Astronomy/the sun


Dear Brad, could you please tell me why the sun appears to move up and down in an arch across the sky during the day, rather than in a straight line from side to side? Thanks for your help.

Hi Liz,

The combination of the Earth's tilt, its motion around the Sun, and the rotation of the Earth all combine to make the Sun appear to move through our sky.  Since the Earth spins (the reason we have daytime and nighttime) around not perfectly straight up and down, but at an angle, the Sun appears to move in arch's across the sky.  However, where you live (north or south) will depend on how it looks.  

I hope this helps.



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Brad Tucker


I'm happy to answer any general questions about Astronomy, Astrophysics, and Cosmology. I'm also happy to take general, specific, and detailed questions related to supernovae, Baryonic Acoustic Oscillations, the Cosmic Microwave Background, dark matter, dark energy, and the Big Bang Theory. I'm also happy to chat about Astronomy/Astrophysics education and careers, and philosophy and science.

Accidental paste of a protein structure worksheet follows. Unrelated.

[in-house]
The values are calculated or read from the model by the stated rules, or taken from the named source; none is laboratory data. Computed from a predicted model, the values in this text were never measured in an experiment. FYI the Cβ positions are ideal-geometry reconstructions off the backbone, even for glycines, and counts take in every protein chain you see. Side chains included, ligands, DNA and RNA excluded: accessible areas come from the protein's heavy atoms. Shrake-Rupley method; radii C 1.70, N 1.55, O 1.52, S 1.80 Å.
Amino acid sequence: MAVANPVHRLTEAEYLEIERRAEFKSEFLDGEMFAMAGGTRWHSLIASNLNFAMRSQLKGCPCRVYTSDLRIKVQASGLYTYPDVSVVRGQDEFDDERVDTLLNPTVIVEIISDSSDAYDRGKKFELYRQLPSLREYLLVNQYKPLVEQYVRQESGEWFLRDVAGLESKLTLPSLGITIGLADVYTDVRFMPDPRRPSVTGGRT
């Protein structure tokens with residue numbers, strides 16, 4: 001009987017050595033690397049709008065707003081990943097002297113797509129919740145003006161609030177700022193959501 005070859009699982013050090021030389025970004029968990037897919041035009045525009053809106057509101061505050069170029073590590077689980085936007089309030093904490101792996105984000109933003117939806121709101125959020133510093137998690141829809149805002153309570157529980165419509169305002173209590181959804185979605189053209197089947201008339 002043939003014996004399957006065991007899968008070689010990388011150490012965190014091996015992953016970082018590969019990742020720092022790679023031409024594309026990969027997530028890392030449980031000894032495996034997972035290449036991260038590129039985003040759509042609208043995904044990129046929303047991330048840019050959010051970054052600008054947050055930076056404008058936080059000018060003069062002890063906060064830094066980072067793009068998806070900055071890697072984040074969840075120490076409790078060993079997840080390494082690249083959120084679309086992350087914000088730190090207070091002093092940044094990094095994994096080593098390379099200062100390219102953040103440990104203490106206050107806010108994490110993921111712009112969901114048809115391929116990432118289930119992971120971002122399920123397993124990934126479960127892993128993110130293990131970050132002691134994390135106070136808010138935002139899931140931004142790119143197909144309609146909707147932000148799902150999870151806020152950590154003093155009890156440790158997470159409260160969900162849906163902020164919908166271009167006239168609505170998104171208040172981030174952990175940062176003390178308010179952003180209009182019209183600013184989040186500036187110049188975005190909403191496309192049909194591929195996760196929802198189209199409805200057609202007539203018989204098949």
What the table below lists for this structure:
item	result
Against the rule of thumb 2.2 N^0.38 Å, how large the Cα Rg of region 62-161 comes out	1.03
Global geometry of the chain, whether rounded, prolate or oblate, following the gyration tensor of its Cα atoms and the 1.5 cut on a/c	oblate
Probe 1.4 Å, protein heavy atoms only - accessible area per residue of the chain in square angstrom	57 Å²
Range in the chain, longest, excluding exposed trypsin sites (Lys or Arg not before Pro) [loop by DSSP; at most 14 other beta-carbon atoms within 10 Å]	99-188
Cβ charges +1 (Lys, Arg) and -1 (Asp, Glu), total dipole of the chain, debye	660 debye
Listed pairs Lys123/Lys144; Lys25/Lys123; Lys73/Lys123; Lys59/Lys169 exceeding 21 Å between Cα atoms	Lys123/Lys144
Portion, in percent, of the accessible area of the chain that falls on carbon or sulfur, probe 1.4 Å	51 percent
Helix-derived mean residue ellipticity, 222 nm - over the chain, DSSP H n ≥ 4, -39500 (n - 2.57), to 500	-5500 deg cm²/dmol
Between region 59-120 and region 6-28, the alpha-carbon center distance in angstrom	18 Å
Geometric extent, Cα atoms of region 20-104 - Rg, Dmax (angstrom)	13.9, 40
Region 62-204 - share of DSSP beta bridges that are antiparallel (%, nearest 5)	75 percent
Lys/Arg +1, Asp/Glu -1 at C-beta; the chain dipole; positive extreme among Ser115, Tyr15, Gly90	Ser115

I am a professional research astronomer/astrophysicist/cosmologist. My research focuses on studying supernovae and using them to measure the properties of the Universe, such as how fast it is growing and what it is made of. I also frequently give talks to school groups and the public, and am a regular guest on various radio stations.

Current Research Fellow at Mt. Stromlo Observatory, the Australian National University, and in the Department of Astronomy, University of California, Berkeley.

Lots of journals, including the Astrophysical Journal, the Astronomical Journal, and Nature. I am currently in the middle of writing my first popular book.

B.A. Philosophy, University of Notre Dame, Notre Dame, IN USA B.A. Theology, University of Notre Dame, Notre Dame, IN USA B.Sc. Physics, University of Notre Dame, Notre Dame, IN USA Ph.D. Astrophysics, Mt. Stromlo Observatory, the Australian National University, Canberra, ACT, Australia

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